Taylor Swift – 1989
She became a superstar singer known for her songwriting – kind of a rarity in today’s celebrity-driven culture. Love her or hate her, you knew a Swift song when you heard one.
So when Taylor announced plans to release her first full-on pop album earlier this year, it still came as a surprise. Even considering the biggest singles from her last album were all pop songs without an ounce of country, that Taylor would completely leave her roots out of an album was a shocker. With an audience as selective about their singers as country music’s, it was almost certain to backfire.
But Taylor was in need of a change. Even she says so in the liner notes, where she writes about her belief that people do change and that for her, it means a need to change the way she tells her stories.
So she essentially gave up a winning formula that consisted of her own unique brand of music and lyrics and shifted to a formula that blends her in with much of today’s pop music.
And therein lies the conflict. I appreciated that Taylor carved out her own niche and made it work even if I personally didn’t care for the material or her songwriting. Now she’s made an album that basically caters to what I like in a good pop record but she no longer stands out. 1989 could have been an album by anyone else doing 1980s-inspired synth pop and nobody would ever have a reason to connect it back to Taylor Swift.
The first single Shake It Off is a carefree, bouncy pop hit centred around a catchy hook. I likened it to being for her what Girlfriend was for Avril Lavigne. Attention-grabbing, decently-successful, but won’t do her any favours.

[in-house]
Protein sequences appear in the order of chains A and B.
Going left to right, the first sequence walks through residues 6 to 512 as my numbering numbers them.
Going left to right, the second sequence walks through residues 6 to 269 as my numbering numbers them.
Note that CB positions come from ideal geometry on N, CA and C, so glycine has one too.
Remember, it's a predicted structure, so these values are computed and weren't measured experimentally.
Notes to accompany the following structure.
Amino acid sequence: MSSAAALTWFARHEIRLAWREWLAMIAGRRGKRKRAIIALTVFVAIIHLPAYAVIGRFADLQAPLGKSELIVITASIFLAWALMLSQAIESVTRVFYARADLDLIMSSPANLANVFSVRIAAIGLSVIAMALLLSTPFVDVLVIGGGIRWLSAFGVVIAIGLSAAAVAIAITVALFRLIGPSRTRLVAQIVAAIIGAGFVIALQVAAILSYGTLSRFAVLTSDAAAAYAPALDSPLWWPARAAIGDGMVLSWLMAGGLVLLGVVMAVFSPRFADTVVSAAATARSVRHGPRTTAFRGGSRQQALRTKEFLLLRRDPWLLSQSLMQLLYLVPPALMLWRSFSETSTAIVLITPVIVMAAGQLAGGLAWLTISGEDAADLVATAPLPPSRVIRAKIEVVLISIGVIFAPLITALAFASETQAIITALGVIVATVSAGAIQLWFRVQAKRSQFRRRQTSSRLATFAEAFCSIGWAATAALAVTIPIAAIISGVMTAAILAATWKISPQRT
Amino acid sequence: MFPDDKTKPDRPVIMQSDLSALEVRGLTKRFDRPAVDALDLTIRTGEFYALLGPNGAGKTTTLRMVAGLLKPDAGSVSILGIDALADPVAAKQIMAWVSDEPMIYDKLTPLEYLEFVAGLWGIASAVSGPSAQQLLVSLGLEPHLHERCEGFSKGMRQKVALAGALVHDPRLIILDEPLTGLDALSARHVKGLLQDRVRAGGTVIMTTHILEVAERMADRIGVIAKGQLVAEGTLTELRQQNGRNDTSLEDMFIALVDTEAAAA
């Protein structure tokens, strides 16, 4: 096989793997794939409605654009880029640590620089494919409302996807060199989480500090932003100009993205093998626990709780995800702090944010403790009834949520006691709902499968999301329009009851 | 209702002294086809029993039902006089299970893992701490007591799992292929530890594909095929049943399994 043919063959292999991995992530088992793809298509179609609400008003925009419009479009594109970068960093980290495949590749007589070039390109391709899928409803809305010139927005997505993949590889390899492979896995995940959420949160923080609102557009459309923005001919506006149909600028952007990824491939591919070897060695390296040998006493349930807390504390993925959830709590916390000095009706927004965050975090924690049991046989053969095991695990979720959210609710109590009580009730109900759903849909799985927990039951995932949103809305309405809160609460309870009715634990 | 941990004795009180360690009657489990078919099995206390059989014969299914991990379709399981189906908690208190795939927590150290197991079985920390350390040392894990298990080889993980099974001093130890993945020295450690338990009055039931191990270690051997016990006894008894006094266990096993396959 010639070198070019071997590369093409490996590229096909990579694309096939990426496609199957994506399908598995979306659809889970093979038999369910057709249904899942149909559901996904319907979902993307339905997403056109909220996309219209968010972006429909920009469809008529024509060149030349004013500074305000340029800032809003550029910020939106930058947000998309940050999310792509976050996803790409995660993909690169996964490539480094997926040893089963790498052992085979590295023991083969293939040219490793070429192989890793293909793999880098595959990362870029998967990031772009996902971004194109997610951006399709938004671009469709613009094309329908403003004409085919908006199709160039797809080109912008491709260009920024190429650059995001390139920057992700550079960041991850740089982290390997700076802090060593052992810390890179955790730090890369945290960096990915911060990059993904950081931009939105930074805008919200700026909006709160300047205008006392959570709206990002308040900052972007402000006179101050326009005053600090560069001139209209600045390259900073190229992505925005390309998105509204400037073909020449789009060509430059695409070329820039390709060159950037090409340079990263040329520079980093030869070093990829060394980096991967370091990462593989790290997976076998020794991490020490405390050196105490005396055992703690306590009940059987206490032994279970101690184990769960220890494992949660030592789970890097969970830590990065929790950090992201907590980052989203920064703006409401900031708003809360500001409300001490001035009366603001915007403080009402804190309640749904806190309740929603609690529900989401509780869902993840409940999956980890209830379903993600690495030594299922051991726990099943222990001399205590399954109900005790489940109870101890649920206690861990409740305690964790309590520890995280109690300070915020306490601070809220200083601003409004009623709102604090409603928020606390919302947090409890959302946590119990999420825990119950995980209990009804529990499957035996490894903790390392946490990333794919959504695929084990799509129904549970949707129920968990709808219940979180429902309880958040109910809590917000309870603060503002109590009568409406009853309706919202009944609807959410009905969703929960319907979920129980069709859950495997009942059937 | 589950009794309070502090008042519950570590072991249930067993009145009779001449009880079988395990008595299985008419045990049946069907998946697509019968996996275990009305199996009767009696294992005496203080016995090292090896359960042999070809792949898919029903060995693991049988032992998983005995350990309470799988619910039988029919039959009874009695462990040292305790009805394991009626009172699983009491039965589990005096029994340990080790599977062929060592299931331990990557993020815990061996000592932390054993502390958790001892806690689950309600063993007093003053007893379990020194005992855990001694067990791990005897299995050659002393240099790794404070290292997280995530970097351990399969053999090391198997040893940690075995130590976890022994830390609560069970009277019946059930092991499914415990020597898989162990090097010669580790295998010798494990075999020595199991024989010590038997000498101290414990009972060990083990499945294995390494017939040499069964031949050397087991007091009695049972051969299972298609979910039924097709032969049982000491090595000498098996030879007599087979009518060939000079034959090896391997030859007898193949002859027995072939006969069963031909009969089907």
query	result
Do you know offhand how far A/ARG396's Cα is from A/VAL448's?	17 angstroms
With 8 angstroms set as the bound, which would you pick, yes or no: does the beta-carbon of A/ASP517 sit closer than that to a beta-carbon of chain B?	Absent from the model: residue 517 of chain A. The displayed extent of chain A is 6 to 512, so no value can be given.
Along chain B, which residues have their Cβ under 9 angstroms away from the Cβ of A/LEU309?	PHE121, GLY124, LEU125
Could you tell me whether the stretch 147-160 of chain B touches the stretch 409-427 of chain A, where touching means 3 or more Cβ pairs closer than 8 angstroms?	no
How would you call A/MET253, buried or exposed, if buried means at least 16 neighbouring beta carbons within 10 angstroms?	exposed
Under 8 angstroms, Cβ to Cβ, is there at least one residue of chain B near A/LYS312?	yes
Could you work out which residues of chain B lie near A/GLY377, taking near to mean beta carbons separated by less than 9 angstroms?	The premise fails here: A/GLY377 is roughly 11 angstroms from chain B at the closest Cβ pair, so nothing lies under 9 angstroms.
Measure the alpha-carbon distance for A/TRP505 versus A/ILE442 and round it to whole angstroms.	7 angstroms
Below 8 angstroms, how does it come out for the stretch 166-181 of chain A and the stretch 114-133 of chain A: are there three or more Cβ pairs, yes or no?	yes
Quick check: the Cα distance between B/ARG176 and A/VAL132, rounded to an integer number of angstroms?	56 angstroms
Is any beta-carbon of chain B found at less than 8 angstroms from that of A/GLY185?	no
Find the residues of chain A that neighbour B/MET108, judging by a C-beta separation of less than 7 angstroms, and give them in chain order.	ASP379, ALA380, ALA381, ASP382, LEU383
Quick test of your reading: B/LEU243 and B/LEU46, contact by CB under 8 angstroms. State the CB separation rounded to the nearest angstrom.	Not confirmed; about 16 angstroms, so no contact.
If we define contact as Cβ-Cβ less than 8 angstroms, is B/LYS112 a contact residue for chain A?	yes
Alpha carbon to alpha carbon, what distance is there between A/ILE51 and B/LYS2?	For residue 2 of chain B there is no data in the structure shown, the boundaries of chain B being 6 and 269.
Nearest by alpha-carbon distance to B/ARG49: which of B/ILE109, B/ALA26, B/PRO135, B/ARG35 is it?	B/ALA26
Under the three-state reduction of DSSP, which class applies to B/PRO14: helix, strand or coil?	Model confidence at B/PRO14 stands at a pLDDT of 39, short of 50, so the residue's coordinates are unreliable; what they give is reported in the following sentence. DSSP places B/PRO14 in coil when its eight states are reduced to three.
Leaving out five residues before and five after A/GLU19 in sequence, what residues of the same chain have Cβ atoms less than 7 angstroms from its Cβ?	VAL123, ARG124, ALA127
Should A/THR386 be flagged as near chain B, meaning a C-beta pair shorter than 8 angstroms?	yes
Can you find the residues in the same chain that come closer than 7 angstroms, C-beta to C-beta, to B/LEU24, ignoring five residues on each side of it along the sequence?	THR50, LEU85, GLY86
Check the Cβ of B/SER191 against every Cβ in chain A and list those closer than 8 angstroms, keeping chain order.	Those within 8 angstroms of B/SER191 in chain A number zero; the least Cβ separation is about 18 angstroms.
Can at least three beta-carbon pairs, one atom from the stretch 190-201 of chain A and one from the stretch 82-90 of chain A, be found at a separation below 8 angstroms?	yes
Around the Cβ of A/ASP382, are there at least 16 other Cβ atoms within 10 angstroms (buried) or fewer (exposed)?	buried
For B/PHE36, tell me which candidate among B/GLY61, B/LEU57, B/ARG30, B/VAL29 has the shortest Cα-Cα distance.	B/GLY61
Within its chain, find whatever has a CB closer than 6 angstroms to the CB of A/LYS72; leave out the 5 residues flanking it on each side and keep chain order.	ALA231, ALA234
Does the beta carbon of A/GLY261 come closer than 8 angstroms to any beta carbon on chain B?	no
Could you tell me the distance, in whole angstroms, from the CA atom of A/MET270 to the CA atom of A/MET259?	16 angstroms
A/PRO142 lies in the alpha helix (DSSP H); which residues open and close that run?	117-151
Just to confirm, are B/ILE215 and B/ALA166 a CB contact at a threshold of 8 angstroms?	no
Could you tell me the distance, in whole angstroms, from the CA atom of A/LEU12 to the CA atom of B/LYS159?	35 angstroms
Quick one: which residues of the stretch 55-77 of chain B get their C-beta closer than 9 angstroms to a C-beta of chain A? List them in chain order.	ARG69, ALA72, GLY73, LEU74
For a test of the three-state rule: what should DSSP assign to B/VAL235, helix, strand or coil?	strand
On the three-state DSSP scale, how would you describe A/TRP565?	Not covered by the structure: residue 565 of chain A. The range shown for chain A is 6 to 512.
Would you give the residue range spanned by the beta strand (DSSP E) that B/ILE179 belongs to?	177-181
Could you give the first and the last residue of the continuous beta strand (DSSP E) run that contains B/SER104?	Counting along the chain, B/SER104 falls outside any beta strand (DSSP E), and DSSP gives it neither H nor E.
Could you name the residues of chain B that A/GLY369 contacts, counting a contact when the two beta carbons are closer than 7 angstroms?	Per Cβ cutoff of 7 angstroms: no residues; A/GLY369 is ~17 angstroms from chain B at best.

The album does do a fine job of combining the entity that is Taylor Swift with modern day synth-pop. She’s still writing about boys, crushes and broken hearts but being the pop album it is, less emphasis is placed on the lyrics and more on the catchy melodies and production from hitmakers Max Martin, Shellback, Ryan Tedder and Jack Antonoff.
Out Of The Woods is an album highlight with its yearning desire to get back on solid ground. All You Had To Do Was Stay, likewise, boasts a strong melody and instant-hitting chorus. Blank Space is Taylor at her newfound best with tongue-in-cheek lyrics that play up her reputation as she sings “got a long list of ex-lovers/they’ll tell you I’m insane/but I’ve got a blank space baby/and I’ll write your name.” The fact she included lines like “you look like my next mistake” and “I’m dying to see how this one ends” are enough to show that she really can shake it off.
Other than Welcome To New York, the distractingly simplistic first track, 1989 is mostly front-loaded with all the best songs showing up in the first half while the latter half begins to feel like it’s blended together.
One of the most anticipated tracks, Bad Blood – supposedly about her sour friendship with Katy Perry – falls flat as the album’s weakest three and a half minutes. Even Clean, her collaboration with Imogen Heap, fails to end things on a high note as it never ventures into adventurous territory that Imogen is known for and that Taylor would be welcome to.
1989 isn’t the freshest pop album to come out this year and it will likely become disposable within Taylor’s discography in a few years, but it’s doing wonders for both her and the industry as it posted her biggest sales week to date with 1.3 million copies sold in its first week, the most for any album since 2002.
It all comes down to marketing, advertising and Taylor’s likeable image, but the music still has to be good enough to meet this level of popularity. In this case, it works.
1. Welcome To New York
2. Blank Space
4. Out Of The Woods
5. All You Had To Do Was Stay
6. Shake It Off
7. I Wish You Wood
8. Bad Blood
9. Wildest Dreams
10. How You Get The Girl
11. This Love
12. I Know Places